The apparatus for executing the above explained process comprises a holder to hold the tube, a holder to hold the mandrel, a heating device, for instance a burner or a. set of burners for heating the tube, and, if necessary a system of 50 pipes and basins for producing a circuit o1' the cooling liquid. The holders should be mounted in bearings in which they can be rotated and either the holder for the tube or the holder for the mandrel should be provided with means for sliding forward and backward. This sliding should be achieved with as little friction and force as possible and a counterweight or a long lever should facilitate the sliding movement in order to allow the hand which guides the sliding part to feel exactly how far the mandrel may be introduced and how soon it must be withdrawn. The whole process requires some skill` but after the above disclosed directions it can be handled by any person who has some experience in the working of glass tubes or tubes of other thermoplastic material. The holders for the tube and eventually for the mandrel are connected with revolving devices but the revolving should be done by means of a handle and by hand because the person who handles this work should at any time during the process be able to regulate the speed as well as the direction of the rotation. By this process the inner surface of the tube especially in the case of glass tubes till it cools down remains plastic so that the surface remains glazed and brilliant and does not show any effect of the expanding treatment to which the tube has been exposed. Apart from the great exactitude and variety of the cone which can be made by this invention the great advantage of it lies in preserving the full brilliancy and smoothness of the inner surface of the reformed tubes.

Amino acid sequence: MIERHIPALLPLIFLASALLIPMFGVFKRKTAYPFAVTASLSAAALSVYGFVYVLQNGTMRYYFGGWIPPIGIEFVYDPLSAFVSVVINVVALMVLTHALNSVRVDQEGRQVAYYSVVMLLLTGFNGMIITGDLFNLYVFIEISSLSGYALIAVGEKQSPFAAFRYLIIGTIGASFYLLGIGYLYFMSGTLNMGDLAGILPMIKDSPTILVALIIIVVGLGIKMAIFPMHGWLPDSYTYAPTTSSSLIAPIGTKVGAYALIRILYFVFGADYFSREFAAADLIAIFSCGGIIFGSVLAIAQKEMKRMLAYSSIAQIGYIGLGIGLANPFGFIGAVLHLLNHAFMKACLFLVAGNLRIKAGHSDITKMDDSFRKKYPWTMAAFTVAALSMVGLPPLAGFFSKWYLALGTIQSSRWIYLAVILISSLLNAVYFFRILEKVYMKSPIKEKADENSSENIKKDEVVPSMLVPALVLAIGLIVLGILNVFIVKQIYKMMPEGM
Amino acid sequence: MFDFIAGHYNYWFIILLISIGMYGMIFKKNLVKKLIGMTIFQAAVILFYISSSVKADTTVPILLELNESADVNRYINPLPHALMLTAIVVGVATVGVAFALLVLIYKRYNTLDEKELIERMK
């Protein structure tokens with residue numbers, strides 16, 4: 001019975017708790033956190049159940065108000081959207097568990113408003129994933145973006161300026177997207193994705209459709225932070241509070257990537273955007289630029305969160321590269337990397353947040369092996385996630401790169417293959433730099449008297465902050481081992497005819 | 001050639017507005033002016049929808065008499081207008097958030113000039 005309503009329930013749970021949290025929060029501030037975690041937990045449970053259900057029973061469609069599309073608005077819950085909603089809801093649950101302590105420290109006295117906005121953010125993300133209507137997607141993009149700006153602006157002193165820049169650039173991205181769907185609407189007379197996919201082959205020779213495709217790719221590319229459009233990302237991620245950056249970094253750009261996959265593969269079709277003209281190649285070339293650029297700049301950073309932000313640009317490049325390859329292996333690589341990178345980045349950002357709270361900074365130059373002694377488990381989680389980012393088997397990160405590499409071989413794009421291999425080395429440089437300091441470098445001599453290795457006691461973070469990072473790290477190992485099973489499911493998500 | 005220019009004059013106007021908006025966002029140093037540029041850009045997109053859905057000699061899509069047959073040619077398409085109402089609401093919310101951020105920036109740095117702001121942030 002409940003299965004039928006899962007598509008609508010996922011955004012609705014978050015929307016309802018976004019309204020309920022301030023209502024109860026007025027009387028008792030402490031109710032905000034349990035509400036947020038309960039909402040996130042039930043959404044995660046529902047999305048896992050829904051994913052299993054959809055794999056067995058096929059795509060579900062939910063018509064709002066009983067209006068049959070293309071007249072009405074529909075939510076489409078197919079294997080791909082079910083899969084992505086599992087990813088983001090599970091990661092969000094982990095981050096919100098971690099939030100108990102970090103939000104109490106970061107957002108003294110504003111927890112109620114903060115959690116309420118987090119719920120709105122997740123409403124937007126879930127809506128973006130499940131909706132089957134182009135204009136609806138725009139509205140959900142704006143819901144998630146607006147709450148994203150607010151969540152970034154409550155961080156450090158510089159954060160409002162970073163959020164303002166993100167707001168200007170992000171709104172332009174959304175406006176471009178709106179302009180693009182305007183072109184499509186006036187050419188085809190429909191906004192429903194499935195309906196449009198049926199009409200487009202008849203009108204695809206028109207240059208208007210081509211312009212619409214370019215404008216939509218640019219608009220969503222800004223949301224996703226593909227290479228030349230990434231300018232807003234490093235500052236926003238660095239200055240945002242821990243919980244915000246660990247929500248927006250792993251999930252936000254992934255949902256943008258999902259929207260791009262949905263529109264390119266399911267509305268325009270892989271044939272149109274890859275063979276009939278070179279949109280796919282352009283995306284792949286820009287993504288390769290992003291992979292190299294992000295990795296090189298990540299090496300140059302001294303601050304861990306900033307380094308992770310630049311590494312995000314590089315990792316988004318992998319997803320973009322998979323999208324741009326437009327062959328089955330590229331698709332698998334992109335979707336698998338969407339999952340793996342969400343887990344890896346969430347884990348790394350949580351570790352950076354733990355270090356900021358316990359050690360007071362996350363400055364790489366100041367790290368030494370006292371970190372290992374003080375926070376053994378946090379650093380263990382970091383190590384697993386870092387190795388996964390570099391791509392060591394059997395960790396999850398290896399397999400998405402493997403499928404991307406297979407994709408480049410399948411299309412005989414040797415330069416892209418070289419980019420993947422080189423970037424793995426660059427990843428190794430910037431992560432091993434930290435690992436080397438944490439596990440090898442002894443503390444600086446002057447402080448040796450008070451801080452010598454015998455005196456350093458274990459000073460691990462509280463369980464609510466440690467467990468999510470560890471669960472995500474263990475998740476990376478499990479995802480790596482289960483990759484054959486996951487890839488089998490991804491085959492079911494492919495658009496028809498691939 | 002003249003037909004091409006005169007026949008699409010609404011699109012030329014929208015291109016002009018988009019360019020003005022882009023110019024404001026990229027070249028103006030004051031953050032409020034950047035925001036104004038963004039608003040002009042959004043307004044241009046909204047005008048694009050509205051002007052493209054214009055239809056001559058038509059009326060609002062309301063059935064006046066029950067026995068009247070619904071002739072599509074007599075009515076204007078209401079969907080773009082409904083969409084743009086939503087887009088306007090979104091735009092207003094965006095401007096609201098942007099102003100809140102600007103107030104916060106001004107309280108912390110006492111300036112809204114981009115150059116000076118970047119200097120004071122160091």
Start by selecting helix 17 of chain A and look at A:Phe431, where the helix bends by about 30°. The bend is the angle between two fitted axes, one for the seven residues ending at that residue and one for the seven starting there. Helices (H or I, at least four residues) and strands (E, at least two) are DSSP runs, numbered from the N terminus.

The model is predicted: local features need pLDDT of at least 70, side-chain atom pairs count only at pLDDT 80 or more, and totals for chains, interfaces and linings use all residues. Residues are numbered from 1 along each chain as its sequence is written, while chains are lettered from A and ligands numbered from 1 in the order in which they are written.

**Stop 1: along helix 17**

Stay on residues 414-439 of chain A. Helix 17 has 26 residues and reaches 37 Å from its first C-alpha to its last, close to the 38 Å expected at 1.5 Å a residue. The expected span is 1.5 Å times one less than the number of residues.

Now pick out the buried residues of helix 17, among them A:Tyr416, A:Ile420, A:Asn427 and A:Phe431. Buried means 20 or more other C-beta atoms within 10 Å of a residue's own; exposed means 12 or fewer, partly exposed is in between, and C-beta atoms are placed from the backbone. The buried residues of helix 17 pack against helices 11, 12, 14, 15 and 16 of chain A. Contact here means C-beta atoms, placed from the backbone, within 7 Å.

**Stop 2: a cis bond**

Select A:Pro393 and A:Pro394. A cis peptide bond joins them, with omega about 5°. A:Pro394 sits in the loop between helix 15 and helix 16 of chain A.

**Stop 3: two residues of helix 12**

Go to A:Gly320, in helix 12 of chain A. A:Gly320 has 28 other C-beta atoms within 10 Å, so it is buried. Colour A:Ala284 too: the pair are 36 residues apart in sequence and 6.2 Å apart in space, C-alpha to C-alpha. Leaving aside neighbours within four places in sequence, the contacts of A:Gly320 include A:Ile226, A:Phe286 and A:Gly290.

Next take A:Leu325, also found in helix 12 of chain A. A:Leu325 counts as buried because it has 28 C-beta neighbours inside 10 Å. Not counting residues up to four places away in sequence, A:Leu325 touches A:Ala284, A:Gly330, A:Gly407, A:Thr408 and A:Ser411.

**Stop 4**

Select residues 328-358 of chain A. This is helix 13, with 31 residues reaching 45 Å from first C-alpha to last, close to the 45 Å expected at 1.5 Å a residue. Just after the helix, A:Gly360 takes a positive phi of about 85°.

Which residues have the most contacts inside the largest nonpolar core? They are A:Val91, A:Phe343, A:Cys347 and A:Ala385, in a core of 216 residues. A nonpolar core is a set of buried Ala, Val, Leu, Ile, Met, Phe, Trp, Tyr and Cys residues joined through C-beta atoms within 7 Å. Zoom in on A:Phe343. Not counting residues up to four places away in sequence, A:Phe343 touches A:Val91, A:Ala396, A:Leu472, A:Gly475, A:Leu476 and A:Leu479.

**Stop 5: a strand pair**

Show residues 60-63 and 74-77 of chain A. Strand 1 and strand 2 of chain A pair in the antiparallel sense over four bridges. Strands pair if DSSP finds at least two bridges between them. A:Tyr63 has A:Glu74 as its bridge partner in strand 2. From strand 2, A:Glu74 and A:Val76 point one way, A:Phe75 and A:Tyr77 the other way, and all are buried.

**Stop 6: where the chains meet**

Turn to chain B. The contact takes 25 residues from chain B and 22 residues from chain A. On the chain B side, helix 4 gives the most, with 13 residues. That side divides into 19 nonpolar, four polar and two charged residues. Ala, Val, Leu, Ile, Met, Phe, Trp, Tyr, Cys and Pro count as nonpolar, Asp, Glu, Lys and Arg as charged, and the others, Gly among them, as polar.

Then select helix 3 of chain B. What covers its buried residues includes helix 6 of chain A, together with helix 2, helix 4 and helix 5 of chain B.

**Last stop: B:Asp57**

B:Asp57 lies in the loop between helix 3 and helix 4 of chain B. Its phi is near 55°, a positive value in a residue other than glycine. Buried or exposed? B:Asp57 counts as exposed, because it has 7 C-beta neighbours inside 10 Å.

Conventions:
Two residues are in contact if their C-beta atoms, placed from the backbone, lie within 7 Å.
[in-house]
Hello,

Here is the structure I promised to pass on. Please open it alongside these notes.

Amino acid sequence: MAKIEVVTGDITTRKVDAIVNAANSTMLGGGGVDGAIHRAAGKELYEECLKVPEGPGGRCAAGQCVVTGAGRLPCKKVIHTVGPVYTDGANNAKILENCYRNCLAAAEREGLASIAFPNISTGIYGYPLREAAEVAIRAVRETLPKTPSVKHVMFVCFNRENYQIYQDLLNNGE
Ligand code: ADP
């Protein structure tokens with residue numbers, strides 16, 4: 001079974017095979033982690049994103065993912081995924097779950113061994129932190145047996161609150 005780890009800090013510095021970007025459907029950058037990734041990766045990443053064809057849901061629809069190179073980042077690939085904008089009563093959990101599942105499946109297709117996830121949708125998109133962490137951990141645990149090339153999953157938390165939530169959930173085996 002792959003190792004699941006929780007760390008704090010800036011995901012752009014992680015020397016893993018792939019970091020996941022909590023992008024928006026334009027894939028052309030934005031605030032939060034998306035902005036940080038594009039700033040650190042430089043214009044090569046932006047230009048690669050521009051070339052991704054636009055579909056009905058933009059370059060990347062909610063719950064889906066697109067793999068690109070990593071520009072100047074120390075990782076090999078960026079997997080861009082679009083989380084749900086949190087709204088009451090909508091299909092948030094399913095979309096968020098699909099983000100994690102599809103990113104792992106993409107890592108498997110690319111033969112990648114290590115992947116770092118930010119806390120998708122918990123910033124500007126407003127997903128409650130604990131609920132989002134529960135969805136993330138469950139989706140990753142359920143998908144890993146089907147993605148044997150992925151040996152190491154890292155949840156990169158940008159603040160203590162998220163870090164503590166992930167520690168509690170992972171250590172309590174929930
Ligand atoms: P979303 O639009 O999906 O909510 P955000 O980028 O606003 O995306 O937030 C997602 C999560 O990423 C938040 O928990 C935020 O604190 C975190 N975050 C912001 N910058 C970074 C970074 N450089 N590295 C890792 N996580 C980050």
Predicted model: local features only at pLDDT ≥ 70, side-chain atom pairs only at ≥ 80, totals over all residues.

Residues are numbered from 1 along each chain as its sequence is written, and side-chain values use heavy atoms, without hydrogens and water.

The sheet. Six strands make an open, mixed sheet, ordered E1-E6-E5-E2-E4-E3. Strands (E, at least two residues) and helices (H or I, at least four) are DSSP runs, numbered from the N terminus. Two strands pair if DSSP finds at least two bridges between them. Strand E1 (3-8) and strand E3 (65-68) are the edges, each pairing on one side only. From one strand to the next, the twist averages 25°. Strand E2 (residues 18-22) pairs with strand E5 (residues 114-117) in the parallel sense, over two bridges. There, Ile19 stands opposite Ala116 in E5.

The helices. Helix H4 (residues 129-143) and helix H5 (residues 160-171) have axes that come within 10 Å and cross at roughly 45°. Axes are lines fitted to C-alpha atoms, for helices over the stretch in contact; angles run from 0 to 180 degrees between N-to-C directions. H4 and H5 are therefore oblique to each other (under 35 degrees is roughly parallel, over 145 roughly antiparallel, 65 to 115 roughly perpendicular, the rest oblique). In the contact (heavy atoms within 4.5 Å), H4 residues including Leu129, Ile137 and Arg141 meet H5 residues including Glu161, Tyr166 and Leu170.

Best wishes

Having now duly described the new article of manufacture the process of manufacture and the apparatus for the manufacture I must mention that by using such process and such apparatus an article of manufacture can be produced which, though similar articles manufactured by different processes are known, must be considered as an altogether new product.